Tag Archives: amplifier

Asheville, Walnut Cove, Biltmore Forrest and Western North Carolina’s Audio and Home Theater specialists present Cane Creek AV and Paul McGowan – PS Audio, Intl.

Chain repair

A generous helping of maple syrup can improve the taste of a bad pancake but it can’t promise perfection.

Ridding yourself of an audio problem by replacing one piece in your system’s chain is a tempting proposition. Sometimes it’s just what the stereo doctor ordered. But, more often than not, we get a bit of a boost that never quite addresses the problem.

Customers often send me a list of their systems in the hopes I can point to the weakest link in the chain. It’s sometimes painful to make a suggestion when I can see the real problem isn’t a particular link but the chain itself.

We tend to build our stereo and video systems around an idea or a particular piece, perhaps a favorite amplifier or turntable. We’re then building our chain in support of a few links and what we wind up with is a less than a great chain.

I am most pleased when a person shows me their system and everything’s spot on with just a few exceptions. The joy of recommending a particular piece of kit that will link the pieces together and sing to the heavens is always welcome.

If we’ve built a solid chain, replacing a single link can make all the difference in the world.

How strong is your chain?

Asheville, Walnut Cove, Biltmore Forrest and Western North Carolina’s Audio and Home Theater specialists present Cane Creek AV and Paul McGowan – PS Audio, Intl.

Peak power

Our system’s power amplifier is almost always bigger than needed. Or is it?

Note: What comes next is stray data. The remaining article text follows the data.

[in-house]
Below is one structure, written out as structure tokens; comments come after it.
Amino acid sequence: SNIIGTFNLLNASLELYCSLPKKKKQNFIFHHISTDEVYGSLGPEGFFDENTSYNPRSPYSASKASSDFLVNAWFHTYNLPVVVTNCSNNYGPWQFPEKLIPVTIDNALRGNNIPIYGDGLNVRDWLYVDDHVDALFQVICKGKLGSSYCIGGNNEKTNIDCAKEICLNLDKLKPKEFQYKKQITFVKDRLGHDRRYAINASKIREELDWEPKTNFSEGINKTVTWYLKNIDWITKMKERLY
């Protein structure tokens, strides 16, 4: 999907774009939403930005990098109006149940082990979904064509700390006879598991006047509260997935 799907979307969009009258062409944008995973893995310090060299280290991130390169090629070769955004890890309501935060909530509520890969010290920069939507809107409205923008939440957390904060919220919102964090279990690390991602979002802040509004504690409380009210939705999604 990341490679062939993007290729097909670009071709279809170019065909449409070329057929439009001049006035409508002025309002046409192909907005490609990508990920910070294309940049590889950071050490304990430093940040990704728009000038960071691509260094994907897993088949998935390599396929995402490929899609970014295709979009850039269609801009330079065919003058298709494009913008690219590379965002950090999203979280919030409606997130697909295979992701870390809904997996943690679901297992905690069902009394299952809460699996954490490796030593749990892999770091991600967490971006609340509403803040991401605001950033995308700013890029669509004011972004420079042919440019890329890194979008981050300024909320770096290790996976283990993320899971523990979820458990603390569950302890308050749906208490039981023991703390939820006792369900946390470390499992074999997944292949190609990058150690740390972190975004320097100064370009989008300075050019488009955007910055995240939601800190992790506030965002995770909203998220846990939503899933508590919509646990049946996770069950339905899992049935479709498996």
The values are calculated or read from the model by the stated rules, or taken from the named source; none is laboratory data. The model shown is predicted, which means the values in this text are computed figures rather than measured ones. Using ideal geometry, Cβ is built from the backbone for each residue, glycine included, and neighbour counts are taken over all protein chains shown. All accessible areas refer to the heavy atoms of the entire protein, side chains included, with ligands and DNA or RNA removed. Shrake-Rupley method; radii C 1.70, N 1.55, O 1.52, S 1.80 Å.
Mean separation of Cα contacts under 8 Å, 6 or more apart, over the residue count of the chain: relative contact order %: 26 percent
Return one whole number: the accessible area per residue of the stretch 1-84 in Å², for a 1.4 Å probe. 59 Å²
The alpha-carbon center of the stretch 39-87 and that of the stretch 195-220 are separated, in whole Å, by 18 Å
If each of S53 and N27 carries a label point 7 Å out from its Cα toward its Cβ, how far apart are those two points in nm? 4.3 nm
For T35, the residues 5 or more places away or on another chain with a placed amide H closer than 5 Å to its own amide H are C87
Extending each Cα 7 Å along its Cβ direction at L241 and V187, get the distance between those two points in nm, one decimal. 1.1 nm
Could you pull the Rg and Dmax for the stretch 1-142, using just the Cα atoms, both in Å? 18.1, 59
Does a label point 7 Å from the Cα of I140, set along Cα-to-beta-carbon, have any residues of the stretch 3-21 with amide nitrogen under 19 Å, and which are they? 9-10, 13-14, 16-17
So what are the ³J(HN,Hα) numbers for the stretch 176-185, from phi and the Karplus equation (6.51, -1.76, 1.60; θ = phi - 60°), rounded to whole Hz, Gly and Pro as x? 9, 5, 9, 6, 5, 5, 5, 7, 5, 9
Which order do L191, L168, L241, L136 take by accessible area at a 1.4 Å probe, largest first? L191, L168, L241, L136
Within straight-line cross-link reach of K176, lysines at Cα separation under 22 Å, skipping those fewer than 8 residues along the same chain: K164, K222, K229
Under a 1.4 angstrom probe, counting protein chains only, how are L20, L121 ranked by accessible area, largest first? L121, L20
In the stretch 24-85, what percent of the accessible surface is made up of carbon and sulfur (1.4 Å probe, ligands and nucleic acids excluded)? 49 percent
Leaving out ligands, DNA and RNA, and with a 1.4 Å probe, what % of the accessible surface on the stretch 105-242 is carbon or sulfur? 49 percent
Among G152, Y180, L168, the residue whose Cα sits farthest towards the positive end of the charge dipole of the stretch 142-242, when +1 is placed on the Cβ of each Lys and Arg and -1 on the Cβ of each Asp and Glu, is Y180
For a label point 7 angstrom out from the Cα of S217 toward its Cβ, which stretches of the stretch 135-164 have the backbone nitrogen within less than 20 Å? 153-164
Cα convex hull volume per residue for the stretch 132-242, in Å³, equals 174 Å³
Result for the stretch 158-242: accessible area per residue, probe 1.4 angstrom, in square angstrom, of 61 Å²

We know that headroom, the reserve amplifier power we hope not to use, is important. But how much is enough? Do we have to acquire a scope and meter and dust off our engineering degrees to measure the peak power our system demands? I think there might be an easier way.

With the understanding it’s not hard amplifier clipping we’re talking about I think we can safely make a few observations about the amount of headroom we have by simply listening.

The need for headroom has to do with perceived compression of music’s dynamics. The more headroom the lower the compression we experience.

For listening evaluations of peak power, I prefer orchestral music for several reasons: its acoustic instruments and fixed proportions. We know what those instruments should sound like and we can imagine the proportions of an orchestra easier than we can a rock band or jazz ensemble.

What we’re hoping for is a lack of compression when the entire orchestra’s playing loudly. It’s rare, but with enough headroom and the right speakers, an orchestra’s loudest crescendos should scale in image size and tonal qualities to it’s quietest levels. Anyone that’s ever heard our Infinity IRSV system knows exactly what I am referring to. Scale without compression.

Most speakers don’t scale all that well so separating out the headroom issue of the amplifier chain vs. the speakers can be problematic, but easier than trying different loudspeaker combinations. A friend’s higher power amplifier is a relatively easy swap to see where your system stands on dynamic compression.

Amplifier power is almost never enough when we consider headroom in the hopes of reducing compression.